The Animations on this Page are to the best of my knowledge are Royalty Free.

These are not the only animations of Animials and more Animations can be accessed from the table at the bottom of the page.

 

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Frogs versus Toads.

Frogs live around any water source, such as swamps, marshes, lakes, rivers, streams and temporary pools of water caused by flooding or rainfall but toads do not.

Frogs have eyes that are set higher, are rounder and bulge out of their head. Toads have eyes that are set lower on their head and are shaped like a football.

Frogs have smooth skin that is moist and looks slick. Toads have dry skin with bumps on it.

Frogs jump high and long. Toads will not jump but only hop or actually run if they have to.

Frogs have many predators but the skin of a toad has a bitter taste and scent that burns the nose and eyes of anything that bites it.

Some toads can live up to 40 years but of the Frogs, poisonous ones live from 7-17 years.

Before touching a Frog, always wash your hands and do not dry them. Sunscreen and insect repellent on human hands will kill a Frog or Toad.

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Frogs.

Australian Tree Frogs emit a chemical substance that heals wounds on humans.

Frogs can enter a state of relaxation by turning it over on its back and gently rubbing its belly in a circular motion.

Warts cannot be transmitted from Toads or Frogs. This is a myth stated around the 14th century.

Frogs absorb water through their skin so they don’t need to drink.

The eyes and nose of a Frog are on top of its head so it can breathe and see when most of its body is under the water.

Found in Argentina, the Ornate Horned Frog can eat an entire mouse with one swallow.

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Frogs can lay as many as 4,000 eggs in Frogspawn.

Frogs have long back legs and webbed feet for jumping and swimming.

Certain Frogs can jump up to 20 times their own body length in a single leap.

Frogs are carnivores, meaning they eat meat. The largest of Frogs eat snakes, turtles, mice, chicks, bats and even smaller Frogs. They usually eat meat (bugs and worms) and swallow their food whole.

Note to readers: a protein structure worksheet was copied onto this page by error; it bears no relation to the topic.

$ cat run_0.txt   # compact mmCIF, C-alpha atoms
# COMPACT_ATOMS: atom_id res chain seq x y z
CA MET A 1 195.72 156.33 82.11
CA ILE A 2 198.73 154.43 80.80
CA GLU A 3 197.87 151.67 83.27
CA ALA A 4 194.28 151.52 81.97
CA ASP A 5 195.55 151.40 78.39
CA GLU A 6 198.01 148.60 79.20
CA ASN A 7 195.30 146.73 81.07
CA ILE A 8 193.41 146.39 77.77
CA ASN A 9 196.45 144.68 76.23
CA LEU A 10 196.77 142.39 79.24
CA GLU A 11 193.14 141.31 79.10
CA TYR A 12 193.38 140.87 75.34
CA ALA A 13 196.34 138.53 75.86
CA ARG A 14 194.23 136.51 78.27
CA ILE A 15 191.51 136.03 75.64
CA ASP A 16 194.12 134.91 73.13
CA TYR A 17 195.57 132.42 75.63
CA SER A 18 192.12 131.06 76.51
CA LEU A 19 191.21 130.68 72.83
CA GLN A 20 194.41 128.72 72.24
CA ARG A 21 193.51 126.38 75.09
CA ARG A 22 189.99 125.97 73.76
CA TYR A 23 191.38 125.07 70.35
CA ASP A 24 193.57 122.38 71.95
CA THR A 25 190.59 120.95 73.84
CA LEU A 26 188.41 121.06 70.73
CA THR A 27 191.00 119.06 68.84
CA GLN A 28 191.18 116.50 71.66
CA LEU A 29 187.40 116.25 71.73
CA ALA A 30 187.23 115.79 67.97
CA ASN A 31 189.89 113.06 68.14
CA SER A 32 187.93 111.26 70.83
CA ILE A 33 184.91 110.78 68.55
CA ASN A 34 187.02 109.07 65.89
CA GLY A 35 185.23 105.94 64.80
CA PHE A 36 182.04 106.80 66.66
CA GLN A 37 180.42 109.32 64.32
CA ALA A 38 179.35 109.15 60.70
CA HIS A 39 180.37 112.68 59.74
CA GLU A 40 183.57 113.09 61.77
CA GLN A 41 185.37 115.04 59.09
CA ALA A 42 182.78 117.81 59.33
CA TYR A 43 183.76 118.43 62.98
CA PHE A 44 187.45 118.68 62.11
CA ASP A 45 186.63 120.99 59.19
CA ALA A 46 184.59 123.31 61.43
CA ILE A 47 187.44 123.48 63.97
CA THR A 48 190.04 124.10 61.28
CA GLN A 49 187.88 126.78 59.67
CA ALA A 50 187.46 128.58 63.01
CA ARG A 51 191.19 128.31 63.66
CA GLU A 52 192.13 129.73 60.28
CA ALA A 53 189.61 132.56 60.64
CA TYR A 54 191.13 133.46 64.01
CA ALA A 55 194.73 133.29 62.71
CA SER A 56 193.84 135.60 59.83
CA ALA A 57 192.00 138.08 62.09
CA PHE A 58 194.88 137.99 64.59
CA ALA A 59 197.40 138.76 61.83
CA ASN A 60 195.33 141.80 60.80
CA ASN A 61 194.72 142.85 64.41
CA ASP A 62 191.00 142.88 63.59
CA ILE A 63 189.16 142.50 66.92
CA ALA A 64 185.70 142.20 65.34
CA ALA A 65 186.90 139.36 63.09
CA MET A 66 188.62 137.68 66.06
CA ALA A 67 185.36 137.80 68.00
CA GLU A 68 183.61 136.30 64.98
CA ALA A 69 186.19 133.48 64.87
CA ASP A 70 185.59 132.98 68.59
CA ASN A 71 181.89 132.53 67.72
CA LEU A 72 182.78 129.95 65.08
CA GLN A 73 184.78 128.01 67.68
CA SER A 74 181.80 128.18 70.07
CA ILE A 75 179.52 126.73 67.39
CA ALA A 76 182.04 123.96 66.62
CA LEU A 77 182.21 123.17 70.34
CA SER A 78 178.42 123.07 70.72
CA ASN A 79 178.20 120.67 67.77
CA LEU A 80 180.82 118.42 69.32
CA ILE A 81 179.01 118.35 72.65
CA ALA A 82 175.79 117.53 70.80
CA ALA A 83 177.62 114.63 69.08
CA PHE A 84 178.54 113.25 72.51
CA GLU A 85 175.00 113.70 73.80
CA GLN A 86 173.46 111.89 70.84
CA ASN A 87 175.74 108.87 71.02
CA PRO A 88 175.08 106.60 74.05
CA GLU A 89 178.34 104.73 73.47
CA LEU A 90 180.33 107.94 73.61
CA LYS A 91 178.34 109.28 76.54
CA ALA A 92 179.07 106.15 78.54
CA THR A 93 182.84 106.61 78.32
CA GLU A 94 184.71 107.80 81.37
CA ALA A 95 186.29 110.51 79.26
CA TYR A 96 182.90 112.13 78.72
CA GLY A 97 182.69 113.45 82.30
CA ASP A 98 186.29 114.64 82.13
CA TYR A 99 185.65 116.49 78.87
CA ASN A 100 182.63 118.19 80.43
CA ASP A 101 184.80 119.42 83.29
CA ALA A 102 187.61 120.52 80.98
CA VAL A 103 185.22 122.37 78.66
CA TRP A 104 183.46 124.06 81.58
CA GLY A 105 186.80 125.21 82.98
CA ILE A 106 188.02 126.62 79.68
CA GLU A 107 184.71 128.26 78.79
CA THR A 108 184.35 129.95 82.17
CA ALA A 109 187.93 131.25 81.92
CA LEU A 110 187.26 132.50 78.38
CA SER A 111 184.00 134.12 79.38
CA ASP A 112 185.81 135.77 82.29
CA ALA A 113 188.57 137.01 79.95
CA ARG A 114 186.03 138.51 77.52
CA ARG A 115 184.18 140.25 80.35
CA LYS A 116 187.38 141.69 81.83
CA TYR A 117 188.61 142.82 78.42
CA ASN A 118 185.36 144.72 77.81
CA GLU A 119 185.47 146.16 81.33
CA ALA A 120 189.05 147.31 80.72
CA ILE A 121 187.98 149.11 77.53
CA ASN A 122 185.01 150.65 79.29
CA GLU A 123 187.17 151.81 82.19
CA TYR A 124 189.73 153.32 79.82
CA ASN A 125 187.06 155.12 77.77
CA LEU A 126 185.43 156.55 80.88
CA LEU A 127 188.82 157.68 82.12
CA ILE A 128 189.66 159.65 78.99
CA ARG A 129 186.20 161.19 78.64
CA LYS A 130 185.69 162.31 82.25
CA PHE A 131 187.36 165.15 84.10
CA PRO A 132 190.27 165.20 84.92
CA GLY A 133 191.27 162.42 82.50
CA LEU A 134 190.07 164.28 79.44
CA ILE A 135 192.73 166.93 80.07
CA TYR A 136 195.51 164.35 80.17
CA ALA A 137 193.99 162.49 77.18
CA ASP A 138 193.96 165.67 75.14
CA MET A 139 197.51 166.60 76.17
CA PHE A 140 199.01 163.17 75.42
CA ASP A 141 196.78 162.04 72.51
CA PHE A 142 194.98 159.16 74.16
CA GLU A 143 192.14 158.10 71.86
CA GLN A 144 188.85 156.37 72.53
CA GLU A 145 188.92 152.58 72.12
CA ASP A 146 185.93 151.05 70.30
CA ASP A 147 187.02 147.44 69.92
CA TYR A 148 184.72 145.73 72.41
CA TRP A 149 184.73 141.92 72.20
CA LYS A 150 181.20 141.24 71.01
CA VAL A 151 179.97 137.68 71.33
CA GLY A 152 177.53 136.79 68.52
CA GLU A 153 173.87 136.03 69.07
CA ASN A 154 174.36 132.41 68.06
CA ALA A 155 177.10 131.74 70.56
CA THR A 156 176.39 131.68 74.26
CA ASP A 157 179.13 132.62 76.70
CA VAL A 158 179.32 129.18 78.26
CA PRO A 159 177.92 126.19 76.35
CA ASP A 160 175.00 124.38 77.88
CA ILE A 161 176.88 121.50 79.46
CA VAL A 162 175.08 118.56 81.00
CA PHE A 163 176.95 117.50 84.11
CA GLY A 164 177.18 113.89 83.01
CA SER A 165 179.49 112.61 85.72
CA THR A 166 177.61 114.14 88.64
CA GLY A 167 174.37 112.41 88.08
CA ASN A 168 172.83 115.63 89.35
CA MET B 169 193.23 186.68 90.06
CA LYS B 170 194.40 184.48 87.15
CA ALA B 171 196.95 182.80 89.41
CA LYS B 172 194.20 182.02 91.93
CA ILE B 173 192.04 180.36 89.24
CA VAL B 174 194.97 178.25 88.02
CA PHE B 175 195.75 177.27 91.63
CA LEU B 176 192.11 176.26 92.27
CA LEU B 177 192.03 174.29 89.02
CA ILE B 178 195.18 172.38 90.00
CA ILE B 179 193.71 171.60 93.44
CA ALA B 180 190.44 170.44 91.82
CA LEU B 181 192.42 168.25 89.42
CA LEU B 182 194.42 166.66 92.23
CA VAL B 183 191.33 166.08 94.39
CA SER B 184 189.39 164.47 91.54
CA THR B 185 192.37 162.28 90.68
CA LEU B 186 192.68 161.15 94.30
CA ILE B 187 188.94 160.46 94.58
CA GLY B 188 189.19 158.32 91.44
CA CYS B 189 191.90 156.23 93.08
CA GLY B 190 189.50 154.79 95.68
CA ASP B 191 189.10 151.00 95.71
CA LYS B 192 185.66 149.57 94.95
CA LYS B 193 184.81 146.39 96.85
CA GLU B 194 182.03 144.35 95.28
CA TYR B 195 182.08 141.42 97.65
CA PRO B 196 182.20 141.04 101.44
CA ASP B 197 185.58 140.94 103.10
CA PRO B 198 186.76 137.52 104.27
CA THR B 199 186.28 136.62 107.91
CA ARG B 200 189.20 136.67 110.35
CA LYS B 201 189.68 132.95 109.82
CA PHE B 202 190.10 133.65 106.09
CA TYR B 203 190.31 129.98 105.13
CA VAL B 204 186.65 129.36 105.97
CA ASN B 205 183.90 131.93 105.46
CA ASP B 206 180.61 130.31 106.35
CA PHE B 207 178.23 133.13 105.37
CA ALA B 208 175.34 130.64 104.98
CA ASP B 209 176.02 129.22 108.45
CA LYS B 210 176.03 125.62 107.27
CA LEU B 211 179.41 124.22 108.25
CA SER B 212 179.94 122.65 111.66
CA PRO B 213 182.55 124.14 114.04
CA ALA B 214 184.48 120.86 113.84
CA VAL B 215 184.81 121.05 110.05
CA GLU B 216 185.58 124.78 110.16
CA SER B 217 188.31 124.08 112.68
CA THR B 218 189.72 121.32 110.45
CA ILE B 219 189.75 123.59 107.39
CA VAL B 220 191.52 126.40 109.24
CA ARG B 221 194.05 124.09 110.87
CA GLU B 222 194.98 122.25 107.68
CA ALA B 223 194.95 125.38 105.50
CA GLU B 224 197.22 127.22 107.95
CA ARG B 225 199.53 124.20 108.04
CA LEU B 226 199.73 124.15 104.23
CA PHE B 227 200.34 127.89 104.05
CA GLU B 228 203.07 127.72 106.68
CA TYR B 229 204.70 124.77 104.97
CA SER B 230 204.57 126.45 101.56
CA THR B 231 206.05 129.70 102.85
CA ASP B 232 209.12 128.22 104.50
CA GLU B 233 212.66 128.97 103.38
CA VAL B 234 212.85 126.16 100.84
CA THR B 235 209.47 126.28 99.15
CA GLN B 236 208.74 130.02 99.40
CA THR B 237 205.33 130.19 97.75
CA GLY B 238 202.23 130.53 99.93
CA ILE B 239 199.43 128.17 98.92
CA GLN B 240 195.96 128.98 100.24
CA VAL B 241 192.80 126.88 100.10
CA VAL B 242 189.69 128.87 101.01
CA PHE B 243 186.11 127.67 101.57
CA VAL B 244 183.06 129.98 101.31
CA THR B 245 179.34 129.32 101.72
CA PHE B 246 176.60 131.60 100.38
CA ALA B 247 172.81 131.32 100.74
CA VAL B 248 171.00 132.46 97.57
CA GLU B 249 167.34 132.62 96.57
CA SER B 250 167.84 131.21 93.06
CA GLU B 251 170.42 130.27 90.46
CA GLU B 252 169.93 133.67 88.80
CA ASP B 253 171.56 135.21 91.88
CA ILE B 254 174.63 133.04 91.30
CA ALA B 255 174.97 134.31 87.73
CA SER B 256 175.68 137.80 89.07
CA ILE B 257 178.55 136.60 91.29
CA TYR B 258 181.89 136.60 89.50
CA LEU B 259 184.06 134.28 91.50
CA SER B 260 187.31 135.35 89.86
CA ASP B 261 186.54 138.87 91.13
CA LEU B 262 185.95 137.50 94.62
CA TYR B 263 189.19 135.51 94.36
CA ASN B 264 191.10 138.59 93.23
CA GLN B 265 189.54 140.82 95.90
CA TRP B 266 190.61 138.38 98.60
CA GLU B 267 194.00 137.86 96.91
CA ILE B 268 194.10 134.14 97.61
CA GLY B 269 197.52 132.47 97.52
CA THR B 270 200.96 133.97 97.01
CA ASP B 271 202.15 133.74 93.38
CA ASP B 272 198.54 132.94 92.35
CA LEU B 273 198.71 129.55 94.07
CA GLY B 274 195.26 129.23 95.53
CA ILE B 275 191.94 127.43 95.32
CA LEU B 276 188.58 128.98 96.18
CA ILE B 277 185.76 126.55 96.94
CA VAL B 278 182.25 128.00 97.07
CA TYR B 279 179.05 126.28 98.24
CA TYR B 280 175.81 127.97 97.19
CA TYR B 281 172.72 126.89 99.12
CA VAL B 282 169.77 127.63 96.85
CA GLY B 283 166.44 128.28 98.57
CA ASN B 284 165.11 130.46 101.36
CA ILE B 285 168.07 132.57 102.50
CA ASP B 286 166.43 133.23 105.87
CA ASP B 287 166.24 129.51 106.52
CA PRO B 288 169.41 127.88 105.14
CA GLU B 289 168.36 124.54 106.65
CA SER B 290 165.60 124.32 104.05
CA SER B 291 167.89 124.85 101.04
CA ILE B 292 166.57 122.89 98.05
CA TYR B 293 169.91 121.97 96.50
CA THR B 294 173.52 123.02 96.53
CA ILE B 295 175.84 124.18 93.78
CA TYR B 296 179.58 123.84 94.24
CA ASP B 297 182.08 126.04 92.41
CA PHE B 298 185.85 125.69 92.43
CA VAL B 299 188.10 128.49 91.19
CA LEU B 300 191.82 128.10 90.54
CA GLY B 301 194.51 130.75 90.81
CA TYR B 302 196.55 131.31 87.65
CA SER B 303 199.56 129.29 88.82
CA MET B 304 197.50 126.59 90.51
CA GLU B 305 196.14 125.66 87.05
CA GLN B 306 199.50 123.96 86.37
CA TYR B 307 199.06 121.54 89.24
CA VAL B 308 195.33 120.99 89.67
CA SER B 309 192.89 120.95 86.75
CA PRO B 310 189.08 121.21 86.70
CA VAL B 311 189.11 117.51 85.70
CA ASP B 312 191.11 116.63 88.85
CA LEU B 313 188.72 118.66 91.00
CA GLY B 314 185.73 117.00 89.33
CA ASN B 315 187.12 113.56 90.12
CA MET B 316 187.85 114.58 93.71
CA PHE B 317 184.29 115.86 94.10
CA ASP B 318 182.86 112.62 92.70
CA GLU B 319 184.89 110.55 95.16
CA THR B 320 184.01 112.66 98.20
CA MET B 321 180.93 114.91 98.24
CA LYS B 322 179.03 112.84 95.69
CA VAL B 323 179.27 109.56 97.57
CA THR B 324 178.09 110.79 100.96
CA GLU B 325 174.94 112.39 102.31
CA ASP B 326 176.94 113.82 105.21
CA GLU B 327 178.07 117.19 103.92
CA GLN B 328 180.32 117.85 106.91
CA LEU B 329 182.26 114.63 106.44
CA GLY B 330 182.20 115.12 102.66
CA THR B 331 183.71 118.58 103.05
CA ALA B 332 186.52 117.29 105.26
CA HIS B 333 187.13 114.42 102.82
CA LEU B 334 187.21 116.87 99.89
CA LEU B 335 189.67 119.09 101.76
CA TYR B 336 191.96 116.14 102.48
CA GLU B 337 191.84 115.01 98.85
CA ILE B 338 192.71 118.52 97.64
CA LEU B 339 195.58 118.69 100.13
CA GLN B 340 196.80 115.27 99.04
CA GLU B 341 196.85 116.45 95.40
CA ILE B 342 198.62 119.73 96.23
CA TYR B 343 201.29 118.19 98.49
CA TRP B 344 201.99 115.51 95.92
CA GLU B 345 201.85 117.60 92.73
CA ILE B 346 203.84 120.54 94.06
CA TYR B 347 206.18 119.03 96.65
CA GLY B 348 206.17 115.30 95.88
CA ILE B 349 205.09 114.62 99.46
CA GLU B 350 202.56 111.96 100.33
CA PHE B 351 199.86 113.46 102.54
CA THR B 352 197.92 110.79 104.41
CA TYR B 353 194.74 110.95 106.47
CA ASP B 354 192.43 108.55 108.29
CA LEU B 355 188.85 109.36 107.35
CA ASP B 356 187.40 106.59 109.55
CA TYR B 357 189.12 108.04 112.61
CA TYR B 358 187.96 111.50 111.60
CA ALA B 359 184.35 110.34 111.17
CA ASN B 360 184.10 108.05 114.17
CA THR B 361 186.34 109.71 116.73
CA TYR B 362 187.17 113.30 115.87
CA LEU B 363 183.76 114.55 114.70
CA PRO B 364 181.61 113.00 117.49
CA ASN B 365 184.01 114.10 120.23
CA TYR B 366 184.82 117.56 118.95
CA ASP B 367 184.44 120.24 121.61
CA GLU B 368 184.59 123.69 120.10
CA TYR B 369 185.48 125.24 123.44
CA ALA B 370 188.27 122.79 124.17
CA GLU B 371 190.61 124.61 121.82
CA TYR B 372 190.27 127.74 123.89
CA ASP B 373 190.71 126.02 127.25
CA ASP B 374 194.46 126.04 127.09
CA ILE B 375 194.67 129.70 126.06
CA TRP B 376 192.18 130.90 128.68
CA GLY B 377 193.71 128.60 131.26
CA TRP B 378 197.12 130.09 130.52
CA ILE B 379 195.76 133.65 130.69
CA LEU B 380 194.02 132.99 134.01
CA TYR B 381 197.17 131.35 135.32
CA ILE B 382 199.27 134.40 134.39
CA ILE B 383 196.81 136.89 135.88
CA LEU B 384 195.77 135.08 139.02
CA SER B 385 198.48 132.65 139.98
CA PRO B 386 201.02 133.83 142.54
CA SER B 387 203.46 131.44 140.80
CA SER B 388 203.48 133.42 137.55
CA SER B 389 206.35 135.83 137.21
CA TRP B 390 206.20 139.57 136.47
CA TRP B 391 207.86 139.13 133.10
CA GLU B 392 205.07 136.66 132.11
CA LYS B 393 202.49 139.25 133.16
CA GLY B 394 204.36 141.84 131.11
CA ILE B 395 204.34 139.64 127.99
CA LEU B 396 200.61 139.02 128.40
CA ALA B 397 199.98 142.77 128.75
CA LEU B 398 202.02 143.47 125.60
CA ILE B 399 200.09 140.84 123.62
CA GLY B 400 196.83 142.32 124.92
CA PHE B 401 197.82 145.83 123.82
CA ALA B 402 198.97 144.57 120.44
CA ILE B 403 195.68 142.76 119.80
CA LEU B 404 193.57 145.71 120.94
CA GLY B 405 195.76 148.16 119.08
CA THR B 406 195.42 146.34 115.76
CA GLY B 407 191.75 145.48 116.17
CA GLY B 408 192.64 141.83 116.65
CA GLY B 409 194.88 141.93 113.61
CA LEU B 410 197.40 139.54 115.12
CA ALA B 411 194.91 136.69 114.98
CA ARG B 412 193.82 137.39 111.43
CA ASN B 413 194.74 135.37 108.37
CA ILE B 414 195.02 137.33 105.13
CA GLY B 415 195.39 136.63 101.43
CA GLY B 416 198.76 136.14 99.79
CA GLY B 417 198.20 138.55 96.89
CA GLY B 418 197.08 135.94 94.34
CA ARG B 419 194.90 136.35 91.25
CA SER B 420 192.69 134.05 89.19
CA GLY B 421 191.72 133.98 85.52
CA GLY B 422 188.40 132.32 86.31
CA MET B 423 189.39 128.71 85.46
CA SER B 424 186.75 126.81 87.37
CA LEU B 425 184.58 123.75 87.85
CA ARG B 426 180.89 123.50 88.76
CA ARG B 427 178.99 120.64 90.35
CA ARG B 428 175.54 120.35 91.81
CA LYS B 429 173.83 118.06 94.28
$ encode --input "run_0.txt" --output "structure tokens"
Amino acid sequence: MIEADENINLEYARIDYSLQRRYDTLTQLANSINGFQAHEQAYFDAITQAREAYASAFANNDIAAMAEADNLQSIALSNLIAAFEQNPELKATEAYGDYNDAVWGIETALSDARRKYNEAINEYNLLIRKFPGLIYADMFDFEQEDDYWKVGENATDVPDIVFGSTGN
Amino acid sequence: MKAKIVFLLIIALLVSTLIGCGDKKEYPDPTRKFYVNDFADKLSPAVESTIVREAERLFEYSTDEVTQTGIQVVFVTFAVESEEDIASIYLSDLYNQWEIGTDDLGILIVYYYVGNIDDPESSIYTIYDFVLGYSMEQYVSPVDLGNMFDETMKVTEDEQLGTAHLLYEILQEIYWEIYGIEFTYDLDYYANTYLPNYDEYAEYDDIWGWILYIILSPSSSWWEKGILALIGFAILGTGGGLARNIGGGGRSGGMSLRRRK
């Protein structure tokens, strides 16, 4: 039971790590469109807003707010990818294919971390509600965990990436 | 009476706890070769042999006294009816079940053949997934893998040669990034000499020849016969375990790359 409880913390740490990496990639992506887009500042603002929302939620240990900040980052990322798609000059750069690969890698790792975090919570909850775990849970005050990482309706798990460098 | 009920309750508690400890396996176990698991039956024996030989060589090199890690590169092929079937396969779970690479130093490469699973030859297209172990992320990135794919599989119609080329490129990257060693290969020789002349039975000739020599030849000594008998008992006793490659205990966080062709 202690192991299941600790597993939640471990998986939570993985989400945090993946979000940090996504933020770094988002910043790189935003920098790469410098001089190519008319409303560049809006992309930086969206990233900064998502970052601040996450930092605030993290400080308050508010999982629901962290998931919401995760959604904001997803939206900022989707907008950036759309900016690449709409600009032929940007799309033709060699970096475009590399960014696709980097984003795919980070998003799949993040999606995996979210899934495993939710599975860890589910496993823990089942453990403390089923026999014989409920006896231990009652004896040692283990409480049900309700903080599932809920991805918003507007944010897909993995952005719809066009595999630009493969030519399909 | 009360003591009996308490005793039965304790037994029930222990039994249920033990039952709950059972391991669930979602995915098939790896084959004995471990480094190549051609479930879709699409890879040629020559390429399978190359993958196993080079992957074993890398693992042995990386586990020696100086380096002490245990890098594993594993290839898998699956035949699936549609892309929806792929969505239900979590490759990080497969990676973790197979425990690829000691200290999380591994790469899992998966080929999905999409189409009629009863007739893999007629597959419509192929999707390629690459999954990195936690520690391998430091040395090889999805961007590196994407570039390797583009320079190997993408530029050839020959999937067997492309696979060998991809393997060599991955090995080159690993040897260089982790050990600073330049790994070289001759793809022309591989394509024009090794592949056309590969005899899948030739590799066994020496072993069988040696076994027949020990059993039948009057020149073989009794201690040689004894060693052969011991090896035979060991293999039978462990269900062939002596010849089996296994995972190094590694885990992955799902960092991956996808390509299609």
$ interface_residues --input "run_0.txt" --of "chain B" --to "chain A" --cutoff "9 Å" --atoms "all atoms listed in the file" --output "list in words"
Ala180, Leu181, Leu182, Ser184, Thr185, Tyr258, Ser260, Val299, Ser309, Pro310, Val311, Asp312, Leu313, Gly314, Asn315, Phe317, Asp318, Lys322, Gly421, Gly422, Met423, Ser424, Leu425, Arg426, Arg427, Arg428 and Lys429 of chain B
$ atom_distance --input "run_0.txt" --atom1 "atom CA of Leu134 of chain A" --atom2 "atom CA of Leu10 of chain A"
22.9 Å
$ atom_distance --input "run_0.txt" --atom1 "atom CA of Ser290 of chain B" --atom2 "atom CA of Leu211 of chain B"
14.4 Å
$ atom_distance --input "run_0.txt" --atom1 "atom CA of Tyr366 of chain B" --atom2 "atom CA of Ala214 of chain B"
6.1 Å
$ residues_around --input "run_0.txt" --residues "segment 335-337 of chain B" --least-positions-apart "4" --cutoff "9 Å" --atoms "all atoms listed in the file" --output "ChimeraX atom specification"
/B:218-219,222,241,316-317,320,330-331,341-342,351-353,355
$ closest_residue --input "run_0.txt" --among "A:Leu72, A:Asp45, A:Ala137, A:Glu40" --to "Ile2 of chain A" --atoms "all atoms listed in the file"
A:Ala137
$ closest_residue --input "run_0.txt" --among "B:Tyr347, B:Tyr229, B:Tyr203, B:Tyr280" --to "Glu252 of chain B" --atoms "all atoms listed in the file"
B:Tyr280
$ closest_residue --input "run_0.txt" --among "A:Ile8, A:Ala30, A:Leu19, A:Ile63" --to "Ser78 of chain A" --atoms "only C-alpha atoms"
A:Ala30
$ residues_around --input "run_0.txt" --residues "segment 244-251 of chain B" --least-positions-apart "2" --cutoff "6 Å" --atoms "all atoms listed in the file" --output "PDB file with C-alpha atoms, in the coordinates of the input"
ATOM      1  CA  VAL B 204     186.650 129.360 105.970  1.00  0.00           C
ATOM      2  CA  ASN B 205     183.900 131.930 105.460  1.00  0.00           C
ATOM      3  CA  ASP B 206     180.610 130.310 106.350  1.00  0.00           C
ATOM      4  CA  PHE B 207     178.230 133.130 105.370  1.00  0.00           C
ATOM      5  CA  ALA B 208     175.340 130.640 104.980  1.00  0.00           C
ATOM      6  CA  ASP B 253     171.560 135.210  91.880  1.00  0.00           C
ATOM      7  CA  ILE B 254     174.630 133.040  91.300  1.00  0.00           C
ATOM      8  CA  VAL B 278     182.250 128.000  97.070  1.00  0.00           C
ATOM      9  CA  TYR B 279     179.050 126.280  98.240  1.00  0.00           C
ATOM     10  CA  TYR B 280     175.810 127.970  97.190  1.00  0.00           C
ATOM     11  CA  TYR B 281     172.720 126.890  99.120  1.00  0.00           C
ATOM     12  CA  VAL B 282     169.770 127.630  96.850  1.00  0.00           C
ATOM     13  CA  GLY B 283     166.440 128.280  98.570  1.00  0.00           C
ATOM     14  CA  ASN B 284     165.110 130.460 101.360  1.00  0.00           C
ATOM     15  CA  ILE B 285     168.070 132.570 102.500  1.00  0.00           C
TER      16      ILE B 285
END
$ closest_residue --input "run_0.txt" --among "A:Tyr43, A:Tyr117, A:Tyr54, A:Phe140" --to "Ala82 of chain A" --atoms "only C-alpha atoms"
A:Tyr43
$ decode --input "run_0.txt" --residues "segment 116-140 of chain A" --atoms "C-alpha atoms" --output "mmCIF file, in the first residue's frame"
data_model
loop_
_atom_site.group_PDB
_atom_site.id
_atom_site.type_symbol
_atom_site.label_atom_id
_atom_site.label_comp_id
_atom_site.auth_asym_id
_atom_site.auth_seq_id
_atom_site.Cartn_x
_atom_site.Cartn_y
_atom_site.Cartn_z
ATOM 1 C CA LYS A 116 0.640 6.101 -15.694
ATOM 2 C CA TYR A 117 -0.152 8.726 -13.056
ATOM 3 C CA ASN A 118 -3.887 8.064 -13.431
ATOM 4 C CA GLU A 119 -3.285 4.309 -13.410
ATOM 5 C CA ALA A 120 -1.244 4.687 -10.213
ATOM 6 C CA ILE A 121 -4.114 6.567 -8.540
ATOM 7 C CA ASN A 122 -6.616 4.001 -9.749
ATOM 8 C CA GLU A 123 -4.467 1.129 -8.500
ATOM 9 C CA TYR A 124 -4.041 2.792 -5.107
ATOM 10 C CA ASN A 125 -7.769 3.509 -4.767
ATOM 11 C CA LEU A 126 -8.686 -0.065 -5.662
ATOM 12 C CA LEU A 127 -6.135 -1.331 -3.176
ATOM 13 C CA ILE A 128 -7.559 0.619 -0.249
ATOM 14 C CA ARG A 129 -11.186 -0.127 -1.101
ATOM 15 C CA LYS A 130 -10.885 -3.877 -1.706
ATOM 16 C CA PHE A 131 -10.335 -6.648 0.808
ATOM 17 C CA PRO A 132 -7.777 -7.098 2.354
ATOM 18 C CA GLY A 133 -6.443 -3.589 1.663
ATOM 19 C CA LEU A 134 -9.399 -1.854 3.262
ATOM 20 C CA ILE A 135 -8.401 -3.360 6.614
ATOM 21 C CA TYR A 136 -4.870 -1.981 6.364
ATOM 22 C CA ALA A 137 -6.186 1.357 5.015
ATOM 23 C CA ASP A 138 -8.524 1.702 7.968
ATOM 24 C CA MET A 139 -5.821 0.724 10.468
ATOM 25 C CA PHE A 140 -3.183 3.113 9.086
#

The Goliath Frog is the world’s largest, found in Cameroon, in West Africa. Their bodies can get to 30cm (12ins) in length and their legs are at least that long.

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The Gold Frog, measuring 1.27cm (½in), has always been the smallest Frog in the world but in April 2009, a new species was found in the Andes Mountains in Peru. The female measures up to 1.24cm (0.49in) and the male only 1.12cm (0.44in). The smallest Frog in the Americas is the ‘Brazilian Baby Frog’, which is smaller than ten cent piece.

In the Seychelles, there is a male Frog that carries its young around on its back until they become adults.

People who study Frogs and toads are called herpetologists. Herpetology is the study of amphibians and reptiles.

Frog bones form a new ring every year when the Frog is hibernating, just like trees do. Scientists can count these rings to discover the age of the Frog.

Because Frogs come out in the rain, people used to think that they fell to earth in the rain! And in nineteenth century England, people tried catching them to prove it.

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One type of desert Frog can wait as long as seven years for water by surrounding itself in a type of transparent bag that becomes its first meal once the rain comes.

Amphibians’ eyes come in all shapes and sizes. Some even have square or heart shaped pupils. But amphibians don’t see colour -- they only see in black or white.

In recent years, a painkiller with 200 times the power of morphine has been found in the skin of a Frog.

The male Darwin’s Frog takes its mate’s eggs into its mouth as soon as they show signs of life and they stay there until they emerge as fully grown Froglets.

Most Frogs do not live in the water, only near it. They cannot live in the sea or any salt water.

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Frogs can be found everywhere on earth except Antarctica. There are more than 4,000 types of amphibians in the world but Europe has only 45 species.